“While those additional investments by established chipmakers will bolster our economic and national security, those larger companies cannot operate in isolation—they rely on a large network of small and medium size suppliers.

“The second part of this bill—applying permanent establishment rules to create a higher threshold for taxation in the source country—would reduce barriers for smaller and mid-sized Taiwanese companies to conduct certain activities in the U.S., fortifying our domestic supply chains.

“This bill not only encourages business cross-border investment; it also provides relief and certainty for workers.

“For Taiwanese workers performing services in the U.S., this bill provides they can spend up to half of a year in the U.S. before subjecting their wages to U.S. income tax, encouraging those workers to invest more time in U.S. operations.

“Finally, to provide additional clarity, the bill offers a set of tie-breaker rules to ensure workers who are residents of both U.S. and Taiwan are not double taxed on their income.

“Importantly, all of these items are subject to a reciprocity clause: these benefits are contingent on Taiwan agreeing to provide reciprocal benefits to U.S.-based companies and individuals investing and working in Taiwan.

“While foreign direct investment from Taiwan into the U.S. has surged over the last few years, Taiwan is also a key destination for U.S. exports.

“Last month, back home, I heard firsthand how Taiwan is a critical ally for Idaho businesses. 

“Taiwan is the second largest export destination for Idaho products, increasing by 16 percent from 2021 to 2022.  And 70 percent of those exports involve electrical equipment and machinery. 

“Both in Idaho and throughout our country, our economic and strategic relationship with Taiwan is as important as ever.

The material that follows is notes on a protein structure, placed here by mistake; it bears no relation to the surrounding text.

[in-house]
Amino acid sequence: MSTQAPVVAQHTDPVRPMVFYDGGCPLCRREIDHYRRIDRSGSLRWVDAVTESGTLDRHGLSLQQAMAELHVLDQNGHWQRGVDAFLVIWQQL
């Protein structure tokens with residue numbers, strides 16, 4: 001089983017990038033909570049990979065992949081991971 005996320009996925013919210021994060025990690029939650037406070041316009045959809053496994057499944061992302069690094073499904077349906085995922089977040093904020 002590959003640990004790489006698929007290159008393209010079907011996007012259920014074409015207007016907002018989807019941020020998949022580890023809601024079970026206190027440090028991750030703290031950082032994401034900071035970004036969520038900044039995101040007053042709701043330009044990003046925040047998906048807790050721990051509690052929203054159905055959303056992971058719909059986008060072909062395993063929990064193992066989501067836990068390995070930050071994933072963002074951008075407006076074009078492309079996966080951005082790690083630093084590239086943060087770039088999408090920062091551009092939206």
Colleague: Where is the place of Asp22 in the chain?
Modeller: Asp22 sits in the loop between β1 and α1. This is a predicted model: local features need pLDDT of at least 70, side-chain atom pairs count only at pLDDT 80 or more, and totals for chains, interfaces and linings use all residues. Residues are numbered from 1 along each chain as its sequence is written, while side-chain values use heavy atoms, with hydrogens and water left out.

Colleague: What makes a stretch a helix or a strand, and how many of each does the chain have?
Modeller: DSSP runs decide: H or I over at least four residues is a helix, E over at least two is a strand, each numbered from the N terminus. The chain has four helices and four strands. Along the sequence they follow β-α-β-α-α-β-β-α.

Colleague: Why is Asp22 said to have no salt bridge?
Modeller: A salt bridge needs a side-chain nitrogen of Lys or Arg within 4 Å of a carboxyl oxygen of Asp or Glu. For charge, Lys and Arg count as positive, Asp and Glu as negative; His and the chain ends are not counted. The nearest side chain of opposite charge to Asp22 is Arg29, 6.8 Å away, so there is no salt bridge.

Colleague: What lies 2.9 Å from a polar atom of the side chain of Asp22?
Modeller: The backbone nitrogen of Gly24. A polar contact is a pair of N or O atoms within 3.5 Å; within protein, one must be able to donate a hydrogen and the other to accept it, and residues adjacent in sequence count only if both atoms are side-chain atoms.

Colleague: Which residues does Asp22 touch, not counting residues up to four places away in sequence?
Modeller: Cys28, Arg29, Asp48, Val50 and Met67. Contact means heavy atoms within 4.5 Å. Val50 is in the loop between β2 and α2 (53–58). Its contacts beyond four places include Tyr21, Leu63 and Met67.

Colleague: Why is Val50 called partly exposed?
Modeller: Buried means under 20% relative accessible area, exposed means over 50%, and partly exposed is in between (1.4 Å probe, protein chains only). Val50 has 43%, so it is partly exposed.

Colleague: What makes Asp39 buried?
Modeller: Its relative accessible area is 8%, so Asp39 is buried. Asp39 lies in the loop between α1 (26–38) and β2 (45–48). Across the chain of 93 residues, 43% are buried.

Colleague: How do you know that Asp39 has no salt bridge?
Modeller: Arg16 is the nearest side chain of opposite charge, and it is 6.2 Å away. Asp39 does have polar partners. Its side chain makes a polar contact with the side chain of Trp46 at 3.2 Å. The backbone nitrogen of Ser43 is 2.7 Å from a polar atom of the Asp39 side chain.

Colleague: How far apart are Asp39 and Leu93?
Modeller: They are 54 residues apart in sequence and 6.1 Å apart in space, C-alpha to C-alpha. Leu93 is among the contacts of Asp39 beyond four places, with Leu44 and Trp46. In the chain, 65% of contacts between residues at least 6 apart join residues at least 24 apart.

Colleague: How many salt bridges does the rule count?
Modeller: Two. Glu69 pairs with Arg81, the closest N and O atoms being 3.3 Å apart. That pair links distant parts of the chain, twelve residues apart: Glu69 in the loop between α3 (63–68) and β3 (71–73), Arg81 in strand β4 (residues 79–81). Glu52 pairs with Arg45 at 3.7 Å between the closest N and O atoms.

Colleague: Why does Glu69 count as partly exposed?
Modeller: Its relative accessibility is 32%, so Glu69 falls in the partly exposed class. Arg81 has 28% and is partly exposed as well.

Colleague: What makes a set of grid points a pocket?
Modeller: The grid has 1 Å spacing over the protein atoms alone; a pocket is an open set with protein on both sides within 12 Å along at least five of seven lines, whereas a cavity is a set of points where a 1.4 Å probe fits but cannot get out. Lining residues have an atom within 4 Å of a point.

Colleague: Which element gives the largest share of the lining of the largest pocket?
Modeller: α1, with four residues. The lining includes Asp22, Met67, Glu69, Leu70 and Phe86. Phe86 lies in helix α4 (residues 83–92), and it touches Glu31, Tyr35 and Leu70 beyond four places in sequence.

“This bill will help workers and businesses of all sizes get ahead in both the U.S. and Taiwan.

“Again, thank you to the Chairman, and all of the members of this committee, for their hard work and support to strengthen our long-term partnership with Taiwan.

“I also thank and recognize the staff of the Joint Committee on Taxation (JCT) for their tireless work.  The Finance Committee cannot properly function without JCT’s technical expertise. 

“So, thank you to Tom Barthold, JCT’s Chief of Staff, who is with us today and to the policy staff at JCT who helped all Finance members prepare for today’s markup: Kristine Roth, Jared Hermann, Jeff Arbeit, Carol Wang and Chia Chang, and many others who worked behind the scenes.  Your hard work over the past few months is greatly valued and played an indispensable role to make this markup possible.

“Once the Finance Committee reports this bill, I look forward to continue working with Senators Menendez and Risch and their colleagues on the Foreign Relations Committee on this issue.  I am encouraged by recent progress we have made, and confident we will be able to find an appropriate path forward for each committee.

“Thank you, Mr. Chairman, and I yield back.”